On July 26, 1985, the attorney for the Union wrote to John R. Salvatore, Kirby's attorney, and informed him that Kirby's claims were clearly barred by the six-month statute of limitations set forth in Del Costello v. International Brotherhood of Teamsters, 462 U.S. 151, 169, 103 S. Ct. 2281, 2293, 76 L. Ed. 2d 476 (1983). The attorney for the Union stated that if the suit was not withdrawn he would have the case removed to federal court, file a motion to dismiss and seek attorney's fees and costs. Kirby's counsel took no action.
The Union filed a Petition for Removal of Civil Action on August 8, 1985, in the United States District Court for the District of Maryland. At the same time, the Union filed a Motion to Dismiss the Complaint and for the Imposition of Sanctions.
On September 9, 1985, Kirby dismissed with prejudice his suit against the Union. Two weeks later, Kirby filed with the District Court a Motion to Dismiss with prejudice all claims in his complaint against the remaining defendants, with the exception of the invasion of privacy claim, which he sought to have dismissed without prejudice. The remaining defendants opposed Kirby's motion only insofar as it sought dismissal of the invasion of privacy claim.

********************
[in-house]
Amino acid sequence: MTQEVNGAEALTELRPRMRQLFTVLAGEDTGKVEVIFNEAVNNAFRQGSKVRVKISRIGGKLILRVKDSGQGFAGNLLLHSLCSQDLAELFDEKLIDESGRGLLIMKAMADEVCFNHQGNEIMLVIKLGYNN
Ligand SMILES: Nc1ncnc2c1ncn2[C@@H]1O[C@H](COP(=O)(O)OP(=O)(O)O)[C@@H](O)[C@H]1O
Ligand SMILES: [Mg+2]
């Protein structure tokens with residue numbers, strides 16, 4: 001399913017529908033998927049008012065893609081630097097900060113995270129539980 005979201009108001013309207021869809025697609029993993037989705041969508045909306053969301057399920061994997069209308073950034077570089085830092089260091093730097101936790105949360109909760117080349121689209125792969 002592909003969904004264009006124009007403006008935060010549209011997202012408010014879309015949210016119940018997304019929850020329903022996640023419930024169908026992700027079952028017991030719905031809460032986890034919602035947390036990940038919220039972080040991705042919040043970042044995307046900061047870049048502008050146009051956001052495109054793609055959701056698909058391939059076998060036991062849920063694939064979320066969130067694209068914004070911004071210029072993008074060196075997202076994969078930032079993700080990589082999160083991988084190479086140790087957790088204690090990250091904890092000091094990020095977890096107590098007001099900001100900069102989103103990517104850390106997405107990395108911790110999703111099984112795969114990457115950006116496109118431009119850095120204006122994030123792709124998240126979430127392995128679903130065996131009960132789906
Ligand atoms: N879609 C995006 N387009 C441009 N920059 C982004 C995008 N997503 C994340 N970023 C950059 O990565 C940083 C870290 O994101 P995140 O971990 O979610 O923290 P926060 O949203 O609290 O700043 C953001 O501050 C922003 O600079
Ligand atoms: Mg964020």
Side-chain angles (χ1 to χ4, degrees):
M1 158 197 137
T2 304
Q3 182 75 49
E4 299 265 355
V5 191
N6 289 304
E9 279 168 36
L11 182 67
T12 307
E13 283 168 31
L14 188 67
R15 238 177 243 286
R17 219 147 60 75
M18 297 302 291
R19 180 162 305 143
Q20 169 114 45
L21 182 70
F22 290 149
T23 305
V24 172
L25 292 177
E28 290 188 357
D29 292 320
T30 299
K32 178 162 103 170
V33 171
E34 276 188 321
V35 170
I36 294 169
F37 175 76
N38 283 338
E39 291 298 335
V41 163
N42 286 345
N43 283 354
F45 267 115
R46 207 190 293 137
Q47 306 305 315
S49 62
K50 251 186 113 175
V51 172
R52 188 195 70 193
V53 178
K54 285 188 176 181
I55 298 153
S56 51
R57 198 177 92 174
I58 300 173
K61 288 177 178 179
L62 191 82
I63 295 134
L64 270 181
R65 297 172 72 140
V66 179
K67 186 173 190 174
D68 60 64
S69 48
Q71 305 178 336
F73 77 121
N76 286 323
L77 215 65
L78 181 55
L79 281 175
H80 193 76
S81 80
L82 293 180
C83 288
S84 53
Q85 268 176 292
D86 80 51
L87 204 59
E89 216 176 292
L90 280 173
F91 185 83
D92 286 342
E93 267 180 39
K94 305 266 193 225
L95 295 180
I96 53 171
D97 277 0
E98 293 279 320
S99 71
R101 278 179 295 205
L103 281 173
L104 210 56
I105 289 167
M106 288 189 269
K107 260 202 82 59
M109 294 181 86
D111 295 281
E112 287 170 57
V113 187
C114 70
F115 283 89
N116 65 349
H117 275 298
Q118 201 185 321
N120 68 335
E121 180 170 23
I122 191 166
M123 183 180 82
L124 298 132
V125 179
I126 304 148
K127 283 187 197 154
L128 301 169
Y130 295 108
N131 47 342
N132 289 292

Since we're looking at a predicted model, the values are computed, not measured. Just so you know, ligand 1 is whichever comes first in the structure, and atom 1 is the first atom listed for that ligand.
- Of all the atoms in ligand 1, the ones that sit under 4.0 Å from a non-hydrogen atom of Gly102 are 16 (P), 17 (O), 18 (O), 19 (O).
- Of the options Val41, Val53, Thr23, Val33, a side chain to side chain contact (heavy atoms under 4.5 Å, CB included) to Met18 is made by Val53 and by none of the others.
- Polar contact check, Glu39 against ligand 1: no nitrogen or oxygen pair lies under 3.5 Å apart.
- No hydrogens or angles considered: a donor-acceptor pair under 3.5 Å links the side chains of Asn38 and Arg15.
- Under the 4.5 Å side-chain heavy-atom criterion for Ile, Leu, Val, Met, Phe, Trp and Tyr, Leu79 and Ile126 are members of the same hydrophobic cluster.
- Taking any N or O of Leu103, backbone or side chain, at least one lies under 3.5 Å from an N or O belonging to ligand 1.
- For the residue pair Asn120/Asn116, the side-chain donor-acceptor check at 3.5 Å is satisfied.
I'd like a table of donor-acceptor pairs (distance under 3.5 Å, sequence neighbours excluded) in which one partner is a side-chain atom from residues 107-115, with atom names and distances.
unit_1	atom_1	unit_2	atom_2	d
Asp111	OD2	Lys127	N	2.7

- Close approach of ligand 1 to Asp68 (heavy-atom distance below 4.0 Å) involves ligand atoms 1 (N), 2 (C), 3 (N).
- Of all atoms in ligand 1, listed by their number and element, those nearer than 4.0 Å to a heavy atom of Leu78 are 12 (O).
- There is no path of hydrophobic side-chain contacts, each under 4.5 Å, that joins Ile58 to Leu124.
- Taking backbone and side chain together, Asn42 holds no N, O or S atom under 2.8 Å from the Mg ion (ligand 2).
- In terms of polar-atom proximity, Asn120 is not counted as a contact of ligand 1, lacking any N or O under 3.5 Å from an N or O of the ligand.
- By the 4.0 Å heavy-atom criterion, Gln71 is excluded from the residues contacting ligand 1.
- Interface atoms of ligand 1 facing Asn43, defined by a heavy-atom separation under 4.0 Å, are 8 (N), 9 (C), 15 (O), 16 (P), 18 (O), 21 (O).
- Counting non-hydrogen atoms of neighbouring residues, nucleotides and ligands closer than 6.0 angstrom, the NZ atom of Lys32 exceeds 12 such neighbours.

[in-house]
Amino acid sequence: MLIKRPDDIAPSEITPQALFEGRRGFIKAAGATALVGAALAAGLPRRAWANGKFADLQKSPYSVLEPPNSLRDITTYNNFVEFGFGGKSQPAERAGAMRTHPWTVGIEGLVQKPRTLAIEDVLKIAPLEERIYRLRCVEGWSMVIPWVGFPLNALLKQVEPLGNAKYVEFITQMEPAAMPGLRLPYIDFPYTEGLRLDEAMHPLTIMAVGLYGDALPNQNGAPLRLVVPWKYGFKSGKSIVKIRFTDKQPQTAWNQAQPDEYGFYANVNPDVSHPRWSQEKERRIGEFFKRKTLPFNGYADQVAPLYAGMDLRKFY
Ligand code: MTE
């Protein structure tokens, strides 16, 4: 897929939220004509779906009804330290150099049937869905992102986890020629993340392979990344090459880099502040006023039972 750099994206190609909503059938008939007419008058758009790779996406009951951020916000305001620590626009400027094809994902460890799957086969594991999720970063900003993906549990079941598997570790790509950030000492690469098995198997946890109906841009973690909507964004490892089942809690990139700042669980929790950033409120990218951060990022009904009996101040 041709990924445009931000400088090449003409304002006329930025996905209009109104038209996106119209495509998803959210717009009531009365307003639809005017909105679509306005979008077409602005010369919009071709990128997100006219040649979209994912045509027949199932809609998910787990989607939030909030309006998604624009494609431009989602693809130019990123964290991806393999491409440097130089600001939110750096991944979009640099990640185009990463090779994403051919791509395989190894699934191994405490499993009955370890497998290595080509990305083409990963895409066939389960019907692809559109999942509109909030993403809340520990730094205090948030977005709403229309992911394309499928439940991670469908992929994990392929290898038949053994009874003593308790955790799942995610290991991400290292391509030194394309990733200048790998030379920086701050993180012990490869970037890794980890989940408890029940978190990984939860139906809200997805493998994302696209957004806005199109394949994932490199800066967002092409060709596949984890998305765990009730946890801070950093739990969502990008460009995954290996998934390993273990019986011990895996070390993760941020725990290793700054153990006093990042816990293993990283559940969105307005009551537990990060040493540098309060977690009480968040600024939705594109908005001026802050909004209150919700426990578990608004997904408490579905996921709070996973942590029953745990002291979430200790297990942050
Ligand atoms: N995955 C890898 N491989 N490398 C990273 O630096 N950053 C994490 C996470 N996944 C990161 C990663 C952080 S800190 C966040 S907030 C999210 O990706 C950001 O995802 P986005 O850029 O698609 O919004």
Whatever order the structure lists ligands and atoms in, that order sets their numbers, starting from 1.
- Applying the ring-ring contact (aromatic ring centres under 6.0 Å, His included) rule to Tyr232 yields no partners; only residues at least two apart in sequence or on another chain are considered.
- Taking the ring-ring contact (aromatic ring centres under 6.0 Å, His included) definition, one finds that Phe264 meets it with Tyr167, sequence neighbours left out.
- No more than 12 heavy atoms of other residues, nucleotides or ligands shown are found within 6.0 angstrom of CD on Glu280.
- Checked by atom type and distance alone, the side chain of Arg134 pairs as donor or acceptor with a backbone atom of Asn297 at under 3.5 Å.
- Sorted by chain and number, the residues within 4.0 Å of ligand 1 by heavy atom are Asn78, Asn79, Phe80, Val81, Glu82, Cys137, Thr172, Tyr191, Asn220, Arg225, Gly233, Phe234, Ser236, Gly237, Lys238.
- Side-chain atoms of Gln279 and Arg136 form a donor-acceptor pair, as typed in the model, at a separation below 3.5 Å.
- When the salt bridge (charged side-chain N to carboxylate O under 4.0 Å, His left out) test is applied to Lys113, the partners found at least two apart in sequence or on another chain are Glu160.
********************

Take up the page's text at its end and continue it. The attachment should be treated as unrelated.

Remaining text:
On February 27, 1986, the District Court ruled that Kirby's invasion of privacy claim set forth in Count V of the complaint was preempted by federal labor law. It dismissed that claim on the ground that it was barred by the six-month statute of limitations. The court also imposed sanctions on Kirby's attorney, pursuant to Rule 11 of the Federal Rules of Civil Procedure as to the Union and with respect to the four other claims as to the remaining defendants.1 However, the court limited the amount of sanctions to $1,000.
I. Dismissal of the Invasion of Privacy Claim.
The District Court held that appellant's invasion of privacy claim contained in Count V of the complaint was preempted by Sec. 301 of the Labor Management Relations Act, and subject to the six-month statute of limitations under that Act.
Section 301 of the LMRA states: